The college admissions process is undeniably competitive, but the best question to guide this journey is not, “Am I good enough?” but rather, “What do I want out of college?” The student who concentrates first on this latter question will find the most success at the end of the day. In this great wide world of ours, it is always possible to find someone whose level of achievement exceeds one’s own. This is one of the things one discovered as one grows older and one’s world grows larger. But this should not distract us. Indeed, it is the big fish in the small pond who makes too much of present distinctions who ends up ill-equipped to deal with the wider world that awaits. Bigger ponds await us all. A student hung up on “adding up” will not be able to handle that fundamental reality with any kind of success.

    So, this is a time to seize the day and take advantage of the opportunities within one’s grasp. This is not the time to just see how you measure up. There are opportunities aplenty for every student graduating from high school and proceeding on to college. The key is to be in a position to take advantages of the opportunities that come one’s way. The notion that the admission to a college with a well-regarded name is all one needs for future success is an illusion. One’s life is not a zero-sum game defined by a college admissions decision.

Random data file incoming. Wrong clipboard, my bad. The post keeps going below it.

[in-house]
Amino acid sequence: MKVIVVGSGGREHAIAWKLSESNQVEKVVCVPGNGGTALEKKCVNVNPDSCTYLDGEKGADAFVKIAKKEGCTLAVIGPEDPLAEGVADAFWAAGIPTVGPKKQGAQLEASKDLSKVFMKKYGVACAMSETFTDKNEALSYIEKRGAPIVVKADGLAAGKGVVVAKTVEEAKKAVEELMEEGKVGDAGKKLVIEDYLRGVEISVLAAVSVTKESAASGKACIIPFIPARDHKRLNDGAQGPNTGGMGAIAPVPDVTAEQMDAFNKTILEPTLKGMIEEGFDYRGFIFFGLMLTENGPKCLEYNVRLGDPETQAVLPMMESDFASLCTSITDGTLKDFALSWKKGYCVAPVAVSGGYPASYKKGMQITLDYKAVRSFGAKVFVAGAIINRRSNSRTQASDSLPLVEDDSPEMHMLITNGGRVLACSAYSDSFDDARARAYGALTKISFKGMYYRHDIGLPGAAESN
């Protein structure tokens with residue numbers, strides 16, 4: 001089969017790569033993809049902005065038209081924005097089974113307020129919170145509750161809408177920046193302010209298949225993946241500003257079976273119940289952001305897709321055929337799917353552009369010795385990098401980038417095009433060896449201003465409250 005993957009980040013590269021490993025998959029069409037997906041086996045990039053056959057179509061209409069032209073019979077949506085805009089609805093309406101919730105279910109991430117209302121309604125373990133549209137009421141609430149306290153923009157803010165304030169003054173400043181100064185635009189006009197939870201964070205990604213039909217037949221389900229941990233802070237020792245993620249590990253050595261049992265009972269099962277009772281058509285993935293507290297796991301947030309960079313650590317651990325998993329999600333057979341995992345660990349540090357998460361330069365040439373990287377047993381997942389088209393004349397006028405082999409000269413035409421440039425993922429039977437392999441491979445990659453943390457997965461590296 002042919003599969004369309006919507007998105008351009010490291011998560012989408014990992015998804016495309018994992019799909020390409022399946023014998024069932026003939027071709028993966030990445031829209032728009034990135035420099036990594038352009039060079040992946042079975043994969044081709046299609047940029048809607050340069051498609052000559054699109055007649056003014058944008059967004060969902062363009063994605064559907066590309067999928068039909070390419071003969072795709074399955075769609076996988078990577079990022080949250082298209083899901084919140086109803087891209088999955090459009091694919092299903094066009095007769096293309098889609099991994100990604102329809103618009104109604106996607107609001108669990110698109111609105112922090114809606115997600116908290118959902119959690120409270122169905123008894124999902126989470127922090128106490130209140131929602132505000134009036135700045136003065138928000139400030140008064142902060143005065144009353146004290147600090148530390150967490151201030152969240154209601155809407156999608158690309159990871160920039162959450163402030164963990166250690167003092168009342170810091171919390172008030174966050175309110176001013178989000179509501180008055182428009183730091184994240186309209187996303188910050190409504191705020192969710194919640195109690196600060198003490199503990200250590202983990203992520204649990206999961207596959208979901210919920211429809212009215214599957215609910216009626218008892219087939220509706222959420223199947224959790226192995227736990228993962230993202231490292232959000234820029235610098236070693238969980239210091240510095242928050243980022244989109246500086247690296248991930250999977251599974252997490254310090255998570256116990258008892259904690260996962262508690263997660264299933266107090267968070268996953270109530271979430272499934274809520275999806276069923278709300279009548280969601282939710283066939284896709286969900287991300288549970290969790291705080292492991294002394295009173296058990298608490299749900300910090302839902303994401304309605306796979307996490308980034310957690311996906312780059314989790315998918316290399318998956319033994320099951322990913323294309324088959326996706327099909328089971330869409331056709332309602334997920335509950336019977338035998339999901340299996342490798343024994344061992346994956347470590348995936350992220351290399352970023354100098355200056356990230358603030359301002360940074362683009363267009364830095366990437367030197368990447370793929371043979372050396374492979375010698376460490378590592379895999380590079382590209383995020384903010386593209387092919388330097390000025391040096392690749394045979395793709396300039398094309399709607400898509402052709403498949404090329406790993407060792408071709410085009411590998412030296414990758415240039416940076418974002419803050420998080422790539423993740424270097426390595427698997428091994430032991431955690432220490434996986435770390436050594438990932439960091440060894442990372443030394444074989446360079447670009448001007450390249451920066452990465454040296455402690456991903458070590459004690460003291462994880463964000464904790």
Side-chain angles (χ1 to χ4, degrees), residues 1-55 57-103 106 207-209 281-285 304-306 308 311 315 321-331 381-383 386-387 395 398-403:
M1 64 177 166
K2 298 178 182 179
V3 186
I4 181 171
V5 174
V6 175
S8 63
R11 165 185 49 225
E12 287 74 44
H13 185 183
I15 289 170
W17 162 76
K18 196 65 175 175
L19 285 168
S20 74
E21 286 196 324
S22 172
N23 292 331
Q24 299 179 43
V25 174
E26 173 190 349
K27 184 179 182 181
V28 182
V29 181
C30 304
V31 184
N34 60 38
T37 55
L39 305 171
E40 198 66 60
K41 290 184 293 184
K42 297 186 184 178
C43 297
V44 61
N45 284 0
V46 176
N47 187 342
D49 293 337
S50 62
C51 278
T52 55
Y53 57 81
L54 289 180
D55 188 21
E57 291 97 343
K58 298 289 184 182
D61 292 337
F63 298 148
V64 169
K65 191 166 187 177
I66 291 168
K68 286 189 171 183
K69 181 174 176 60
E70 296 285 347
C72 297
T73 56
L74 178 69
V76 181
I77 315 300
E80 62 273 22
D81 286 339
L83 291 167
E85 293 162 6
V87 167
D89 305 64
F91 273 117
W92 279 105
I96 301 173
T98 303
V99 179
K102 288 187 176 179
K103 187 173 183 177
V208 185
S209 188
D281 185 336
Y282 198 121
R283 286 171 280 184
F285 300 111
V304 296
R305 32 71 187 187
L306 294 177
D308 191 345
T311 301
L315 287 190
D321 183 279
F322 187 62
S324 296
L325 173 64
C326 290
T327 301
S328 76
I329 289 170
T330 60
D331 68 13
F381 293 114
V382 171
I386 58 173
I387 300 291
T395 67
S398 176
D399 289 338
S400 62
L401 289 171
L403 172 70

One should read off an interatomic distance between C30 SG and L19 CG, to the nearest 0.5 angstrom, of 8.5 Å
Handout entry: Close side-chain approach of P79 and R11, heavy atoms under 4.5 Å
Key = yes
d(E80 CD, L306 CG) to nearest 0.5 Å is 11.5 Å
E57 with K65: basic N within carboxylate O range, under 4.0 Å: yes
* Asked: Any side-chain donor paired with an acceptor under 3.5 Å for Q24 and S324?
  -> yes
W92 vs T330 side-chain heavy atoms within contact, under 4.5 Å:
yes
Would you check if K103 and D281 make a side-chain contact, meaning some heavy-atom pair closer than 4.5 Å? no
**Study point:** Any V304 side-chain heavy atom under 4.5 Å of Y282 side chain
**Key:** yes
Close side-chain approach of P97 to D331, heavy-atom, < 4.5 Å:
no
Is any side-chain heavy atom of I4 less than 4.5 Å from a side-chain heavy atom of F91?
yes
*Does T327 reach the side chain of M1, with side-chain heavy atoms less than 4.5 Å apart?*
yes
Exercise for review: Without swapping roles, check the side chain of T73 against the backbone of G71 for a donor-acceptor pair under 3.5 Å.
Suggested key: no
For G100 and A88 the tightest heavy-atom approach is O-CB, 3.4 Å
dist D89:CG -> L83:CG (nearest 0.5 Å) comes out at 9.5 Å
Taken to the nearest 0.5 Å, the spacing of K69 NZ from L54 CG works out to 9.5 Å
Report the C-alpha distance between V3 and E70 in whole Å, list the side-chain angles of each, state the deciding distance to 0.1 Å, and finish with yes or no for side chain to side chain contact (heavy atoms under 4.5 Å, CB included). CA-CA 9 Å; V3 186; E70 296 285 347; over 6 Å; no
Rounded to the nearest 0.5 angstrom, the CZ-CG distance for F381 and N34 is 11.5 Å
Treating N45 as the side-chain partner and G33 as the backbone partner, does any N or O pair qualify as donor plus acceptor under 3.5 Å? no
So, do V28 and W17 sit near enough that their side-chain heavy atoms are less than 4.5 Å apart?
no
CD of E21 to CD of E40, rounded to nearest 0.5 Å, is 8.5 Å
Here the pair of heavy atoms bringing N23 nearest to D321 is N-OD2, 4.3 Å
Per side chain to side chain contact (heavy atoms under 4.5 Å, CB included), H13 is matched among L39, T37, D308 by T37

• The Admissions Decision

    I don’t want to minimize the disappointment students feel when they do not gain admission to their choice college(s). Students work hard on college applications, send them off, and wait months to see what someone they don’t know has to say about their future. And the word that comes back is unequivocal. Even the ambiguity of a “wait list” or “deferral” offer is not contingent upon the student’s reaction. Whatever the news from the college, the student has to live with it. And of course if they have their heart set on a college that does not offer them admission, that news stings. It hurts. It takes some getting used to.

    On the other hand, an offer of admission from a college, accompanied typically by a letter replete with flowing words of praise, induces a giddy kind of excitement, especially if the student had, or thought they had, some reason to doubt the outcome. There is no doubt that this is a sweet moment. (And of course, this is what usually happens – well more than 2/3 of college admissions decisions are positive. Only 100 colleges in the country deny more applications than they accept.) An offer of admission feels good. It should.

    I certainly want students to exult when the offers of admission come. But whatever the colleges say, I want students to put these decisions in an appropriate context. I want to urge them not to cede their self-worth to the administrative process called college admissions selection. Whatever the outcome of a college’s deliberations, the student’s talents and the student’s promise remains intact. No college can claim ownership of that. In truth, no college admissions operation is perceptive enough to pronounce definitively upon the worth or the value of a student, never mind the extent of that student’s accomplishments and certainly not their future promise.